It has been 2 weeks since the Parade article on our pie came out. It has been a very interesting time at the restaurant. A few thoughts and observations on the impact of the article;
Michael & Jane, if you ever think that what you do has no impact on people's lives, disabuse yourselves of those thoughts. Not only has there been a immediate positive financial impact on our business these last 2 weeks, but the article has touched so may lives. For example, the following is an e-mail I received:
"Hello, my name is Patricia Howie, niece of several people (Mary Ann Gettler, and Leona and Clair Schmitz) who live near you. I live in Flint, MI, and saw your sour cream raisin pie mentioned as number 1 in an article by the Sterns in last Sunday's Parade magazine. When I saw where you were located, I called my mother, Rita Knutson (sister of the above-mentioned Mary Ann and Leona), who lives four doors down from me in Flint. She was born in Dedham, and grew up in and around Coon Rapids. She remembers eating this pie when she was a little girl. Her mother, Margaret Tigges, who was born more than a hundred years ago very near your location, made it often. I have never heard of this pie, and would like your recipe, if you share your recipes. I would to make it for my mom, who will be a vibrant and totally independant 87 years old next February. There aren't many things my mom needs as gifts any more, and I am in poor health and cannot take her traveling (or we would visit our relatives in Iowa and eat this pie at your restaurant!!!). I suppose I could search the internet for a recipe, but I was hoping to get yours, as the connection between my mom and her relatives and where you are located is so amazing. None of Mom's remaining sisters have their mother's recipe. I am hoping that your recipe is very close to my grandmother's, given how close you are to her birthplace. Many thanks for your consideration, Patricia Howie , Flint, MI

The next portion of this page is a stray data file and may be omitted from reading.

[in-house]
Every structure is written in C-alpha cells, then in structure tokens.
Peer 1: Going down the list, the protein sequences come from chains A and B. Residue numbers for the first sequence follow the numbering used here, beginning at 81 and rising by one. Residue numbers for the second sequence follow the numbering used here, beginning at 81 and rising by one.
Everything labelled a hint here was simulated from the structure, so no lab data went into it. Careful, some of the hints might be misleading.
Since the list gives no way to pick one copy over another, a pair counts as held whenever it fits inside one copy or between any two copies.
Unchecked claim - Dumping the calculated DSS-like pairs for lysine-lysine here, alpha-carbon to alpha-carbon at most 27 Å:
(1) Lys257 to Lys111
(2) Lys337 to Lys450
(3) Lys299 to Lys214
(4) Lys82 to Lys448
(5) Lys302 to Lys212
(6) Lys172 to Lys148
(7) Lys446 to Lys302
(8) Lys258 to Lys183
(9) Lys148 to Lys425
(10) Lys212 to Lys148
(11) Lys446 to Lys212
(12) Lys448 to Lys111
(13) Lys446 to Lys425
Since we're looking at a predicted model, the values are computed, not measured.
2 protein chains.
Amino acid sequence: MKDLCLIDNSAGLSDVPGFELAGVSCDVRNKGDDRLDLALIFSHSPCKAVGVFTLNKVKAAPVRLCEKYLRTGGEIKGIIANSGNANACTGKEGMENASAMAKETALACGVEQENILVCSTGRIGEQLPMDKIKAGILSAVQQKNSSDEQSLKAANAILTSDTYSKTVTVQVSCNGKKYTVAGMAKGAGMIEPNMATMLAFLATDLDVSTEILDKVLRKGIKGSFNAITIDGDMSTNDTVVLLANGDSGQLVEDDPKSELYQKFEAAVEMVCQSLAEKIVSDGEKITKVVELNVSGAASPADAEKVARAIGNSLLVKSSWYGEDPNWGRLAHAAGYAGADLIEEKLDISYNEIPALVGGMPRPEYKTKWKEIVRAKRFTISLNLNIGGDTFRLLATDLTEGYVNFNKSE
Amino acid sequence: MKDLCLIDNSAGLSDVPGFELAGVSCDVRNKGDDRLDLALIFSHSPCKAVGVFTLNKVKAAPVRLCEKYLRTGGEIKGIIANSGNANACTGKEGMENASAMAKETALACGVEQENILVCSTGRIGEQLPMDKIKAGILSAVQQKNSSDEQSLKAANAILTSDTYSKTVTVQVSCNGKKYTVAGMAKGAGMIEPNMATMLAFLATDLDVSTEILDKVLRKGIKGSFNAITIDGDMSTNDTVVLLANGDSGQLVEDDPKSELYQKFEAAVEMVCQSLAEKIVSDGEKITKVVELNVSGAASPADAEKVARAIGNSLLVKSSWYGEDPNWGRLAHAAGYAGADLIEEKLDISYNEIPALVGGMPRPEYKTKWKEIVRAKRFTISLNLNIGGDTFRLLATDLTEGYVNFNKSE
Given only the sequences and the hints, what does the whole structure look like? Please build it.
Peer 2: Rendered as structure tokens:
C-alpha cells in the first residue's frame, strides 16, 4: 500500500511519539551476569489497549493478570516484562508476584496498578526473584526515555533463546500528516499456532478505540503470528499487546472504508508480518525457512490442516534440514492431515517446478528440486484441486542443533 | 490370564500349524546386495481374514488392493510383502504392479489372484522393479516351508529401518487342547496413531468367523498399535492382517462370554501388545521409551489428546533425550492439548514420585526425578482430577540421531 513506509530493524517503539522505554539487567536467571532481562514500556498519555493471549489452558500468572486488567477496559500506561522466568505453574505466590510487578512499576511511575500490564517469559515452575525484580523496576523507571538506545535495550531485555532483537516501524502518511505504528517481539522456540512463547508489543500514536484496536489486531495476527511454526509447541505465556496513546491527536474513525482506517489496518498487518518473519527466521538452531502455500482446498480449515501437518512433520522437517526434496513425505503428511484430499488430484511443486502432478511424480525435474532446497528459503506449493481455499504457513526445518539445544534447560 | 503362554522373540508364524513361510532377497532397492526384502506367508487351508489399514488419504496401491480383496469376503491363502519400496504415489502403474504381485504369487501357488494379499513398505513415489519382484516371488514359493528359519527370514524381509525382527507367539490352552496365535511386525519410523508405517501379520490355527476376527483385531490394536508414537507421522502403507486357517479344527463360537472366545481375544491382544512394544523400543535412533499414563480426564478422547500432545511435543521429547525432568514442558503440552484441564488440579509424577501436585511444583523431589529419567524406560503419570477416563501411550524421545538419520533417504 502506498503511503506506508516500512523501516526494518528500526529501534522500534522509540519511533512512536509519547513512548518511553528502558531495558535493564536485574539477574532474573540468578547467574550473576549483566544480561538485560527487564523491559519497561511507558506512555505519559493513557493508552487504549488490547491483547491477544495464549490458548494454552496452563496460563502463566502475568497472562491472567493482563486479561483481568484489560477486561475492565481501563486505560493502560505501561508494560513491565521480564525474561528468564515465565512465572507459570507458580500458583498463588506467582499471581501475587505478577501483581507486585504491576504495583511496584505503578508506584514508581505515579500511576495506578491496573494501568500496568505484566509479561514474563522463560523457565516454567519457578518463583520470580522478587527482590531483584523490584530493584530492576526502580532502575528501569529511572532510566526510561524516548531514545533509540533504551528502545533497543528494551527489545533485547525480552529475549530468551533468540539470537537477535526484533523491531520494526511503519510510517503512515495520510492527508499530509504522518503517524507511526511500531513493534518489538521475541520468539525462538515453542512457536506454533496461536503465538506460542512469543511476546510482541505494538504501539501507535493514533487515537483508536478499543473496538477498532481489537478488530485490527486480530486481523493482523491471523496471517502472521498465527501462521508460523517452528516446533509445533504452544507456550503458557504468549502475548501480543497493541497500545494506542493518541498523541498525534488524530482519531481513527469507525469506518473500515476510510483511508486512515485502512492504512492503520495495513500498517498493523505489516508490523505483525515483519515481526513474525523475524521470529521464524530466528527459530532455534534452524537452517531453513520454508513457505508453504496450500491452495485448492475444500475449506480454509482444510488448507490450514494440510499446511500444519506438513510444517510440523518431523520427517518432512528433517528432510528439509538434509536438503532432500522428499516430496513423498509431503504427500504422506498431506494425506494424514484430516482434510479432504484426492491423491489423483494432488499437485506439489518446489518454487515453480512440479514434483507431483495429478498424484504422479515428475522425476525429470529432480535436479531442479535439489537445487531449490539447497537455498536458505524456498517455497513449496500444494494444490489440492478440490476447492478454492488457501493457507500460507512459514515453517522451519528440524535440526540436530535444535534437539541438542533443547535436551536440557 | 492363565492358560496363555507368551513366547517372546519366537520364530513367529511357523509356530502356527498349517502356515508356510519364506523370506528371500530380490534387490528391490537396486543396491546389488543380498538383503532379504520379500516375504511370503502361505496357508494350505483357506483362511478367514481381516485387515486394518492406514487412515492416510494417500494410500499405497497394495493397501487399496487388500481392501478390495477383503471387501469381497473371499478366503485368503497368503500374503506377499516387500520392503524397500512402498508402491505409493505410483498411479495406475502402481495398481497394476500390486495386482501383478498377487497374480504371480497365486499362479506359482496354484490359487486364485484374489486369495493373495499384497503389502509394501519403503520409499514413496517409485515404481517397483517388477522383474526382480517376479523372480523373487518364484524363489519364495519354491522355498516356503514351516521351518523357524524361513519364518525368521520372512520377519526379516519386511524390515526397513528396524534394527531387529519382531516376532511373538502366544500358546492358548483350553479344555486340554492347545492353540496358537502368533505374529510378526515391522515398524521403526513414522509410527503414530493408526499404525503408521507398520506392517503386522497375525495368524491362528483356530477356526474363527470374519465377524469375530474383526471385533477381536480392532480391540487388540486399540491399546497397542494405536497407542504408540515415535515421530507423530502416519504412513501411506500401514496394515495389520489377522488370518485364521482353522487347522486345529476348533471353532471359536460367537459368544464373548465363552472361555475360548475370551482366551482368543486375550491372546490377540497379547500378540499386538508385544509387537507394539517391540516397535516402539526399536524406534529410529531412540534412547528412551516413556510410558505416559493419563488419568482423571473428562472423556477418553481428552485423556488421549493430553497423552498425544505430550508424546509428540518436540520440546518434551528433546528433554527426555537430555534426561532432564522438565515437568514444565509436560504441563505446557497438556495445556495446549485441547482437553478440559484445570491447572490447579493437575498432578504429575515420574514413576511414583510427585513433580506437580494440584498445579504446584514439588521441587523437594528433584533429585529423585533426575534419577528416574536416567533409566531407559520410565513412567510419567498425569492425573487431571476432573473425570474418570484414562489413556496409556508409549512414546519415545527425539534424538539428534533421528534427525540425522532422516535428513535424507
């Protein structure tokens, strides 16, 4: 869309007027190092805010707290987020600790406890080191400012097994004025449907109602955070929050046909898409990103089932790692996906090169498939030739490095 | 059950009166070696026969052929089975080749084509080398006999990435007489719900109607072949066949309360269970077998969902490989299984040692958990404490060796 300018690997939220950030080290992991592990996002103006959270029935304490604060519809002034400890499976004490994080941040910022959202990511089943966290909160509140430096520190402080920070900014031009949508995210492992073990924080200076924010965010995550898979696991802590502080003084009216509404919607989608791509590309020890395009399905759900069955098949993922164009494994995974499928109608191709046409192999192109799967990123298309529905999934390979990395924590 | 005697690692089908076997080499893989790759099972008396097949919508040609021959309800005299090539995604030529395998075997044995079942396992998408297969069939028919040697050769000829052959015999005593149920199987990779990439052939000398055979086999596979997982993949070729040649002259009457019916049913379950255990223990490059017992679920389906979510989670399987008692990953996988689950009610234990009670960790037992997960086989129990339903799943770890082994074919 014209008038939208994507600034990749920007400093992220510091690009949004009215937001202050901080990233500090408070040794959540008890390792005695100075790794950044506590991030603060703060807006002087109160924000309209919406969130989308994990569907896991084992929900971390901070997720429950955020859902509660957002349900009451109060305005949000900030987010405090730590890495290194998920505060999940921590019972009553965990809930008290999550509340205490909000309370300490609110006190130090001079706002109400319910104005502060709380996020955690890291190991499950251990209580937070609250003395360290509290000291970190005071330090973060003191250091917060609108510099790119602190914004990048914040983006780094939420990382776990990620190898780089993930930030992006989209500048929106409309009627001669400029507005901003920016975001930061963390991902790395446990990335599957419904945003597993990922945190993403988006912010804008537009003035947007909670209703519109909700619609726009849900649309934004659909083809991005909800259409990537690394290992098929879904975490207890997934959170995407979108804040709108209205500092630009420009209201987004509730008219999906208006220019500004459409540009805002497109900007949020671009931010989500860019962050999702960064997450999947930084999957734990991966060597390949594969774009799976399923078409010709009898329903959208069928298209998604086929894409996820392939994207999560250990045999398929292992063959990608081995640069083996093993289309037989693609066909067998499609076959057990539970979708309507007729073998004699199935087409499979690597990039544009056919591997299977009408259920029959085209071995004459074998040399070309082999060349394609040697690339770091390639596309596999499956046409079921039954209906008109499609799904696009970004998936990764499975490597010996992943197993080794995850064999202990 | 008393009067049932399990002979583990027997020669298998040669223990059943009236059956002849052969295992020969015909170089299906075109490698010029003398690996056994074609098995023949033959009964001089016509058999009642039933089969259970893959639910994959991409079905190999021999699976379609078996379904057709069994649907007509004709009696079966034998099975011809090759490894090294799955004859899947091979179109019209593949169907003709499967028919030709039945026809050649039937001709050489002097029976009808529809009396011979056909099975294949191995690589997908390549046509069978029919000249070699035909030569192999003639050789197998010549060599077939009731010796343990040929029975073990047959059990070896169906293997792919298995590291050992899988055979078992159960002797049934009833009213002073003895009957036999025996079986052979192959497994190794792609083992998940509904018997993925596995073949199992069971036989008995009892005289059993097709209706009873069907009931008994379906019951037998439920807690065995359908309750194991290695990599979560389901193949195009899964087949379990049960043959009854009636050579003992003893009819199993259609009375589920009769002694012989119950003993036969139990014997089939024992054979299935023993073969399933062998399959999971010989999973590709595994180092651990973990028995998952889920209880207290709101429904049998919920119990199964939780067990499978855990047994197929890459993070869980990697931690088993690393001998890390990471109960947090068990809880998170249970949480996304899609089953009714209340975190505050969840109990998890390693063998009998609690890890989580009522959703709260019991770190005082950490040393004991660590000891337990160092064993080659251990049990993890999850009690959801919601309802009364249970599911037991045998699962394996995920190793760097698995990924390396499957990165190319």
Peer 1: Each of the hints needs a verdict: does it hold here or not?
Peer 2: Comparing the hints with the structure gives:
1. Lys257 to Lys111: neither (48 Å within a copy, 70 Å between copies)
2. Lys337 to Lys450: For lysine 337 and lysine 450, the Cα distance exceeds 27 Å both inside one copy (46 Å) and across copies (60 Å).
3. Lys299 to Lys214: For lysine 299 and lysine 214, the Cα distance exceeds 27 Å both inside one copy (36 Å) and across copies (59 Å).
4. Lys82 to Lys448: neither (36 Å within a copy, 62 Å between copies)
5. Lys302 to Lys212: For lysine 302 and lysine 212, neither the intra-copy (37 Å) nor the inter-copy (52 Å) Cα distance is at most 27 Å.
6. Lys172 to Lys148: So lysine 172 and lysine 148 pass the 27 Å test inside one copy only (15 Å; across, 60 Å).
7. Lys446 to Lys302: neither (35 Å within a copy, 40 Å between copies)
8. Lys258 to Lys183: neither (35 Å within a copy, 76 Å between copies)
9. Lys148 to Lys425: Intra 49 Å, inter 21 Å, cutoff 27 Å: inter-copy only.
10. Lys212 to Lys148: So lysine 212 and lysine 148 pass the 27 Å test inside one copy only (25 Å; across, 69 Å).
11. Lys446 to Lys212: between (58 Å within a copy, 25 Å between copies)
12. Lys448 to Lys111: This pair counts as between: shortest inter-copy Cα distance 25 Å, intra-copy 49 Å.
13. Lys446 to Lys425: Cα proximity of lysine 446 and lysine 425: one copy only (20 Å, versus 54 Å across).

P. S. My mom called her sister Mary Ann after seeing the Parade article, and Mary Ann has eaten at your restaurant!"
People from around the country are remembering their Midwest roots or connections to Iowa. Several of my regular customers have exclaimed that a friend or relative from out-of-state has called excitedly to comment on the article. They even send us copies of the article!
Our typical day now: IMom arrives at 5:30 AM to start the first of 20 pies; her assistant arrives at 6:30. I open the door at 6:45 and our first customers are 2 gentlemen from Omaha on their way to Chicago. Why did they stop at the Farmer's Kitchen? The article, of course. 10 calls during the morning: we are traveling through Iowa. How do we get to the restaurant? I read about your sour cream raisin pie!
At 10:30, Mom takes a break. At 10:31, Mom starts greeting the customers who are here from Texas, Sioux City, Illinois, Massachusetts, Florida, Kansa, Washington. What brings you here? she asks? The article, of course!!
Lunch is hectic. It finally slacks of at 2 PM. The waitresses sit down wearily and start wrapping silverware. But, wait a local contingent of Red Hat Ladies swoop in! 12 more pices of pie gone!! I answer the 20 e-mails received taht day requesting our ecipe. Mom answers the letters from little old ladies who dom't know how to use the Internet. then, bakes another 5 pies because the pie case is emptying fast.
Dinner time arrives. Local customers are arriving and bringing visitors to see Atlantic's newest attraction, our pie case! Folks from Shenandoah, Harlan, Anita, and other towns stream in. Why? We heard you have a great pie!
8 PM arrives and we begin to shut down. But, wait! A car of 4 ladies from Colorado pull up! Can we still eat? We read about you in Parade!!
I think we Roadfooders sometimes consider ourselves somewhat superior to the fast food lemmings who populate the country. The last 2 weeks have shown me that there is a vast number of people who do yearn for good food. The Sterns provide that beacon of light. Thank you for your years of dedication to this cause.